I’ve now limited my grocery shopping to twice per month. I don’t know if it’s because I’m all Barney Stinson about this whole #StayHomeStaySafe campaign — CHALLENGE. ACCEPTED. — or if I’m somehow living out my Little House on the Prairie fantasies or engaging my latent skills from growing up in the jungles of Indonesia, but I’m all about making stuff from scratch and stretching a dollar and sorting and organizing and building up an appropriate pantry stocked with items to See Us Through.
Yesterday was Shopping Day. I visited two stores — the cheap, surplus food store for As Much As Possible, followed by the regular store for the Remainder. It took me seven hours in total. Seven. Hours. The stores are less than four miles from my house. But that was the time it required, armed with hand sanitizer and homemade face mask (thanks, Mom). As much as I wanted to be in and out quickly, it was slow going. I spent a LOT time waiting for people to move so I could peruse the shelves I was after, and even though I know one of the goals of #StayHome is not to linger in places where people gather — like the grocery store — I prioritized being patient and kind. Slowing down to watch out for others. Smiling — with my eyeballs, since my mouth was covered — and saying thank you to the folks working hard to restock (SO MUCH RESTOCKING HAPPENING) and answer questions and wipe things down.
When I shopped in the middle of March, I didn’t wear a face mask or gloves. I just washed my hands before I left and when I got home. By the beginning of April, it was gloves but no mask — and removing gloves after each store, before getting in my car so I could leave the store germs behind me. Yesterday, it was face mask but no gloves per my latest reading — just LOTS of hand sanitizer to supplement the soap and water hand washing and a giant can of Lysol in my car so I could decontaminate my phone and debit card between locations.
It’s strange shopping in bi-monthly snippets. Like leaping forward in time with over-sized steps. The stores look different each time — which shelves are full, which are bare, which have social distancing reminders and protocols listed, which are no longer sporting the “Buy 10 for $10” signs because the modern supply chain was never set up to sustain everyone making simultaneous bulk purchases. And the people look different each time, too — cashiers behind plastic barriers, all employees in masks and the patrons, too, kids virtually no where. It makes me wonder what it’ll look like by the beginning of May.
What will we know then that we don’t know now? How will we have adapted? How will humans and businesses be responding?
It’s both fascinating from an intellectual “gee, this is interesting” perspective and disconcerting from a “gosh, this has changed rapidly” perspective. Especially because we don’t know how long we’re doing this — or, if we’re able to take a break, when we’ll have to restart measures like this again.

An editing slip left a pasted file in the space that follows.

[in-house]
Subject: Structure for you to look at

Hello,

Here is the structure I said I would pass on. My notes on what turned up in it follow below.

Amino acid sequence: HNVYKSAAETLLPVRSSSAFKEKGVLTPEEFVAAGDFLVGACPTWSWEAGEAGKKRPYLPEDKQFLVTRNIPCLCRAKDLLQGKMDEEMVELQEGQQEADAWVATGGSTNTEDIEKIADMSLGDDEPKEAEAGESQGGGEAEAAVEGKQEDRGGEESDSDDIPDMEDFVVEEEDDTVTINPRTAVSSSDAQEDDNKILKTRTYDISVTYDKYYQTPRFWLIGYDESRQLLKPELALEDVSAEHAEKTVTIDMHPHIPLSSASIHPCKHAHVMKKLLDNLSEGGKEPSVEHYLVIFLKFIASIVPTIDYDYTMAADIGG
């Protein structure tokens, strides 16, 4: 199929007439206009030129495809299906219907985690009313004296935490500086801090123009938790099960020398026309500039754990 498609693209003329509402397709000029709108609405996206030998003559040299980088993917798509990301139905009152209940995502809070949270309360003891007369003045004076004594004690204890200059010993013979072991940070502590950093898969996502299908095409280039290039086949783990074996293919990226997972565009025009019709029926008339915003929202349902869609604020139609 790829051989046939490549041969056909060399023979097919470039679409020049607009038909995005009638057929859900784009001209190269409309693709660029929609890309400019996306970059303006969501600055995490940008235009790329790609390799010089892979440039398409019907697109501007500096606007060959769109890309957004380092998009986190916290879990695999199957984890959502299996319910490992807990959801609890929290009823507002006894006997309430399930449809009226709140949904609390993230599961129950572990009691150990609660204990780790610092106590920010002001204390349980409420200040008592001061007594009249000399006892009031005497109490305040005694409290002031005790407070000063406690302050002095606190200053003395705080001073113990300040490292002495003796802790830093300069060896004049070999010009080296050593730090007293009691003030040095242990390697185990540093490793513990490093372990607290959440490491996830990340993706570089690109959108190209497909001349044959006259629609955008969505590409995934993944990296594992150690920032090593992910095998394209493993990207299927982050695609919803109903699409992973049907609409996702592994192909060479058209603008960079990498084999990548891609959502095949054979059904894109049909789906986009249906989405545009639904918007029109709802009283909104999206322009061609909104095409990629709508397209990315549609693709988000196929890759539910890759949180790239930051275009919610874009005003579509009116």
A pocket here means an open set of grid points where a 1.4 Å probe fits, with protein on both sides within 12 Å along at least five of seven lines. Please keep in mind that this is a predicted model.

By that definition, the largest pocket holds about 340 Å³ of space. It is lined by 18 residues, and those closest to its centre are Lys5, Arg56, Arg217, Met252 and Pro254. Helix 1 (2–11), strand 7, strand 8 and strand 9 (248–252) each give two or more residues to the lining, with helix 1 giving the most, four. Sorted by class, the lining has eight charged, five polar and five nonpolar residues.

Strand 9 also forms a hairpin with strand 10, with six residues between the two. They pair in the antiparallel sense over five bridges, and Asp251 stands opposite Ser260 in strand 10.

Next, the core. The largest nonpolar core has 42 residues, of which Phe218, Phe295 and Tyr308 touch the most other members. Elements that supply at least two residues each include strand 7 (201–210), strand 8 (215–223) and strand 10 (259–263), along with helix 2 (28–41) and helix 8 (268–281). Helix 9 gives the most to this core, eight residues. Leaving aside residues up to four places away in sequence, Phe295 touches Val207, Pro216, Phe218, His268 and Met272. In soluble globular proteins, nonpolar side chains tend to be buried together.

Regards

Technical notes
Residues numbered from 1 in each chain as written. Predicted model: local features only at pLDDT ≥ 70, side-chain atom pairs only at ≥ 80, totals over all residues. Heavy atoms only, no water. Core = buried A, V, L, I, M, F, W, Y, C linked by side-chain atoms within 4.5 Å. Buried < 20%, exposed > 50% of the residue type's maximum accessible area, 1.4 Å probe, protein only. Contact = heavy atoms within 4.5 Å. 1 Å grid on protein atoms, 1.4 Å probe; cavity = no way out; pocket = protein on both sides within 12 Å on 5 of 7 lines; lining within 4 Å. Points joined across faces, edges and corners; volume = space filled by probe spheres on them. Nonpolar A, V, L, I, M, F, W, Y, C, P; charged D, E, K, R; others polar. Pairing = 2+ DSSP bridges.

How long will I be watching this Stop Motion Show in two week increments? How long will I maintain this regimen of Taking Food Inventory, and Managing Supplies Carefully, and Trying to Wisely Plan Far into the Future, but also Not Take Too Much and Leave Enough for Others? Will I live at this level of readiness indefinitely? Or will I tire of it as it becomes part of the new normal and be able — wisely or not — to let go of some of this obsessive desire to control what I can? Am I acting, or reacting, or overreacting?
I have no answers to any of those questions.
…and a little wonky in the middle —
— and homemade yogurt which is shockingly simple to do and objectively better than anything sold prepackaged. I felt accomplished and like I was Doing Important Work to Nourish My Family. By dinner, though, I was too tired to cook anymore so we played the Hot Dog Edition of “Who Makes It Better?” — a game I invented where you buy two different brands of whatever you can find at the discount grocery store (in this case, processed meat formed into the shape of a tube) and feed it to your family, forcing them to wax eloquent on the finer points of each before collectively selecting a winner.
In this case, Nathan’s Famous Beef Franks, which none of us have had, versus Hebrew National Beef Franks, my personal favorite.
We let the children play with sharp objects and fire, and roasted the hot dogs over open flame like God intended.
They enjoyed it every bit as much as having Dinner Homemade by Mommy — and they loved the fluffy, nutritionally vacant pillows that call themselves hot dog buns as much as the bread over which I slave — which simply highlights how much of the Scratch Cooking and Inventory Management is for my own emotional health and sense of well being and not for them. I mean, it IS for them. Obviously. But also, they’d be perfectly happy with a freezer full of wieners until May.
As humans, we don’t really have the ability to neatly unpack our motives or sort what exactly incites us to one action or provokes us to toward another. Only years from now — decades, probably — will the cooperative research be complete so the experts in social behavior and mental health and twenty-first century anthropology can tell us how our society ebbed and flowed and waxed and waned during this global crisis. They’ll be able to pinpoint the trends of how we responded and make educated guesses as to why. But they’ll never be able to unravel a single mind or understand these experiences viscerally unless they lived them. Which is wild to me — the sheer volume of experience which will never be known — and also strangely comforting. What we’re living now is both collective and communal. And as individual as a fingerprint.